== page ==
Member Monday


Join us on our social media channels every Monday as we explore the life and careers of the members of the Country Music Hall of Fame. #MemberMonday


          


Known as country music's "Gentle Giant" for his warm baritone and laid-back ways, Don Williams was a major country hit-maker and international ambassador. He scored at least one major hit every year between 1974 and 1991.

Don Williams learned guitar from his mother and performed in various country, folk, and rock & roll bands as a teenager. He first found success in the 1960s as a member of folk-pop trio the Pozo-Seco Singers. The group had six pop chart-making records during 1966-67.​

​After the Pozo-Seco Singers broke up, Don Williams found an ally in Jack Clement and was signed to Jack Music publishing company as a writer. When other artists didn't record Don's songs, he recorded them himself. 1972’s Volume One, his first album, contained several chart singles.

In 1978, Don Williams was named CMA Male Vocalist of the Year and his recording of "Tulsa Time" was ACM Single of the Year. ​

Onstage, Don Williams steadily built a large and loyal following. In addition to his domestic audience, he won fans worldwide, selling records in the British Isles, Europe, Latin America, and Australia. ​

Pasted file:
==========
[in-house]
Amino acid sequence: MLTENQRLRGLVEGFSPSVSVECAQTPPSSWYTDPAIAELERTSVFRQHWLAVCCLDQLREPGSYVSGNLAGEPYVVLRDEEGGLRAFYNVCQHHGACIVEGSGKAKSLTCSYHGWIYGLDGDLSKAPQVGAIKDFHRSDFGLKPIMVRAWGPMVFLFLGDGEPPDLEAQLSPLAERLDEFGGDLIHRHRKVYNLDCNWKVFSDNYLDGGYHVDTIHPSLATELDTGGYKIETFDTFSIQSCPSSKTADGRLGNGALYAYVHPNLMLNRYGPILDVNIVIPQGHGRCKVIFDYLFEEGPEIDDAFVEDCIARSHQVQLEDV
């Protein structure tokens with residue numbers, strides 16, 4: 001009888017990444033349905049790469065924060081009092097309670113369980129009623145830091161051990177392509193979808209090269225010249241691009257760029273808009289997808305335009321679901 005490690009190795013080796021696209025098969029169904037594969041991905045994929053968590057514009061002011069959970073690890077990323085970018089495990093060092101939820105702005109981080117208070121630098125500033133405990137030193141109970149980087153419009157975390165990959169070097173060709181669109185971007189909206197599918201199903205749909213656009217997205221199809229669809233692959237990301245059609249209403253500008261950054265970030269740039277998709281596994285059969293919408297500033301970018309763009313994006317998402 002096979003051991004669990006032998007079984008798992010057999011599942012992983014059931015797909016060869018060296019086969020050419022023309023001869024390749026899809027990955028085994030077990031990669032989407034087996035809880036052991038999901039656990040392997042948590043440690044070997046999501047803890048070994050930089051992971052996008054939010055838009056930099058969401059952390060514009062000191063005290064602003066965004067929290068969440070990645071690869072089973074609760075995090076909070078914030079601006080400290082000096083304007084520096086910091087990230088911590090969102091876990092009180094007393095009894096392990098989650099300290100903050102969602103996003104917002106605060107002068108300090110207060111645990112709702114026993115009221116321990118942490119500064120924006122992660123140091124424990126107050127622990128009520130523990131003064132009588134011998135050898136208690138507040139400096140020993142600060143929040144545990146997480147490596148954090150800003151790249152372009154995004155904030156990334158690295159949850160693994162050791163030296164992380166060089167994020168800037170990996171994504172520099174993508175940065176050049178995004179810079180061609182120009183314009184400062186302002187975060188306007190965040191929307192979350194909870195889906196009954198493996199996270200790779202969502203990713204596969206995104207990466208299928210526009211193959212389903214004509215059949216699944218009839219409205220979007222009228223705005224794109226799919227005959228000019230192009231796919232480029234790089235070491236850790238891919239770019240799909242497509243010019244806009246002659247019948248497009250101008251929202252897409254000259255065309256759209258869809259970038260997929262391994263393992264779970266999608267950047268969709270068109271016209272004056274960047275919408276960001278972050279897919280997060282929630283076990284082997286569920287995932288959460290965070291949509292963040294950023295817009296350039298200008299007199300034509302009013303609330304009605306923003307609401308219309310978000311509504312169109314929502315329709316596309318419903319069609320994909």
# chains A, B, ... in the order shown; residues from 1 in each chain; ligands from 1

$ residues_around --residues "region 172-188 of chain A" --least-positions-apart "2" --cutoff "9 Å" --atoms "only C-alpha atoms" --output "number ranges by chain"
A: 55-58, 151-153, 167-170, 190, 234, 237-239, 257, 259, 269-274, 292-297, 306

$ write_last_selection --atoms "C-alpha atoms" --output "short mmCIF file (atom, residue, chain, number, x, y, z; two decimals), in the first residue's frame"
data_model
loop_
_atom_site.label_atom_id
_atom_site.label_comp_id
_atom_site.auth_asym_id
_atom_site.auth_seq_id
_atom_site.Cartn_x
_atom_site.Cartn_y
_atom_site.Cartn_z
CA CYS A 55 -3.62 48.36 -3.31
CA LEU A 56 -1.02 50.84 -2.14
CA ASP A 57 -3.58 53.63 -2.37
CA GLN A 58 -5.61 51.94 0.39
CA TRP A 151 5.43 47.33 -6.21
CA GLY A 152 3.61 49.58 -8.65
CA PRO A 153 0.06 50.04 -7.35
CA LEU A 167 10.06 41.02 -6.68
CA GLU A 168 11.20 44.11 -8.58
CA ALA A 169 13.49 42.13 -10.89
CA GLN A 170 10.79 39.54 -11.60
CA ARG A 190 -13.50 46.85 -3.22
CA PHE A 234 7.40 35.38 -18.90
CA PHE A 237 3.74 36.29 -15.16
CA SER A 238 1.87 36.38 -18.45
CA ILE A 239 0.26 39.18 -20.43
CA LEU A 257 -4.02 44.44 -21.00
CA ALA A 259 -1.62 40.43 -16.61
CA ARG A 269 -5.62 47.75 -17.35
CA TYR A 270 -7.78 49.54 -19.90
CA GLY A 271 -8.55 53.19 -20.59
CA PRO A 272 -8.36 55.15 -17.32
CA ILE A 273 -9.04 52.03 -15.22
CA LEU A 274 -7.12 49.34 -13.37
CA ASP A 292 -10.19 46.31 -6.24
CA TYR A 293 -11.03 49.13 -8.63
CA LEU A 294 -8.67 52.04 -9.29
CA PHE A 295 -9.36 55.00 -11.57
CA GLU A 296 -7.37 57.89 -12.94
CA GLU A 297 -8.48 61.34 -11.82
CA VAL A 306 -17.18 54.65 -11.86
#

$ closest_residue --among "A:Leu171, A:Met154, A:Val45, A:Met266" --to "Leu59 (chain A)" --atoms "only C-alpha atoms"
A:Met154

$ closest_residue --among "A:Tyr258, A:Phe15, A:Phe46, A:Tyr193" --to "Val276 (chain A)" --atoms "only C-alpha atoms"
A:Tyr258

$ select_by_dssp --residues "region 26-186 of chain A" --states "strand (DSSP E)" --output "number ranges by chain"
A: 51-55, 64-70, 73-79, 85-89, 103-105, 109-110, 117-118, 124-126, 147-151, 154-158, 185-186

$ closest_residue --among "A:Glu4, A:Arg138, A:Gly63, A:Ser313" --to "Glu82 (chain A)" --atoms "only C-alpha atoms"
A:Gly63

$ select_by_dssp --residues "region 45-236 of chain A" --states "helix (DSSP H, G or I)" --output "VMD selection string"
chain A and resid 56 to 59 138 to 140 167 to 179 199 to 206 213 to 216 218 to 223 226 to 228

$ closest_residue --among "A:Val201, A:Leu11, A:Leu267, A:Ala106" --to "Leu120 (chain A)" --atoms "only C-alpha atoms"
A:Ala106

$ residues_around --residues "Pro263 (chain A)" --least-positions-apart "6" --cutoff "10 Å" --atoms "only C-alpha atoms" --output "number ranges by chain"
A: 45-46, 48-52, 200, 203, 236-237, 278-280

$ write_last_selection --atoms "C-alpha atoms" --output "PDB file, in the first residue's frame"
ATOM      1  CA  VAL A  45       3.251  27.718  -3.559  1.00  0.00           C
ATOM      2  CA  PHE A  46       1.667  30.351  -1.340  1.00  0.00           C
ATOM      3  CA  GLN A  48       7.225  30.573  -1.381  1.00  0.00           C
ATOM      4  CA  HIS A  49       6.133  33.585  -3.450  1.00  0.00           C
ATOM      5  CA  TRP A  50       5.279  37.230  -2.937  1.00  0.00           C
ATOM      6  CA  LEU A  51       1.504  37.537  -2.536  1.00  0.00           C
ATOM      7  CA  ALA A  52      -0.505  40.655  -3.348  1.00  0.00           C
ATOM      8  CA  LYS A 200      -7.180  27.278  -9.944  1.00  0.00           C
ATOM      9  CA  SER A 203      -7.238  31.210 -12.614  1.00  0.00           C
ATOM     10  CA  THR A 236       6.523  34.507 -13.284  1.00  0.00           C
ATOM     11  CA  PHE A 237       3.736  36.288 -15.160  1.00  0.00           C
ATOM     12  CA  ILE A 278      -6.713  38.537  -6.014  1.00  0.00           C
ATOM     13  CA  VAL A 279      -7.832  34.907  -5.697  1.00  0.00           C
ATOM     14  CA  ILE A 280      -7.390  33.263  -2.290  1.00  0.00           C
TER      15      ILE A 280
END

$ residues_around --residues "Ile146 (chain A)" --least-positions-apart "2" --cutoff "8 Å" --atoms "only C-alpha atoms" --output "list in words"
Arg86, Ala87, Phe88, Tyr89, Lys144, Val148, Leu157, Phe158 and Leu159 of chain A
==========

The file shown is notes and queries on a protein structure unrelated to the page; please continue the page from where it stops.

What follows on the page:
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DON WILLIAMS


Loretta Lynn's singing around the house led to her husband Mooney to buy her a guitar so she could play as she sang. He later helped her get engagements by bragging that his wife could sing better than anyone, other than Kitty Wells, and soon Loretta was singing with a local band. She eventually formed a band of her own a few months later.​

Loretta Lynn's singing came to the attention of Zero Records, who signed her to a contract in February 1960 and sent her to Los Angeles to record four songs. She and Mooney stayed until the records were pressed and then mailed them out to country music radio stations. They then drove cross-country, stopping at stations along the way to promote her recording of “I’m a Honky Tonk Girl.”​

Instead of using traditional country music themes, Loretta Lynn wrote songs that were more realistic and less compromising. The country girl from the hills of Kentucky spoke more boldly and forcefully than many would have expected but with such humor that she did not alienate any of her fans.​

On Oct. 16, 1972, Loretta Lynn became the first woman to win Entertainer of the Year at the CMA Awards. Here she is pictured with host Glen Campbell and other winners from the night: Charley Pride, Freddie Hart, Charlie McCoy, Jimmie H. Davis, Donna Fargo, Conway Twitty, Danny Davis, and Don Reid of the Statler Brothers.​

​In 1988, Loretta Lynn was elected to the Country Music Hall of Fame. The honor pays tribute to her career, the influence she has had on many of the women in country music and the loyal fans that continue to embrace her for her music and endearing personality.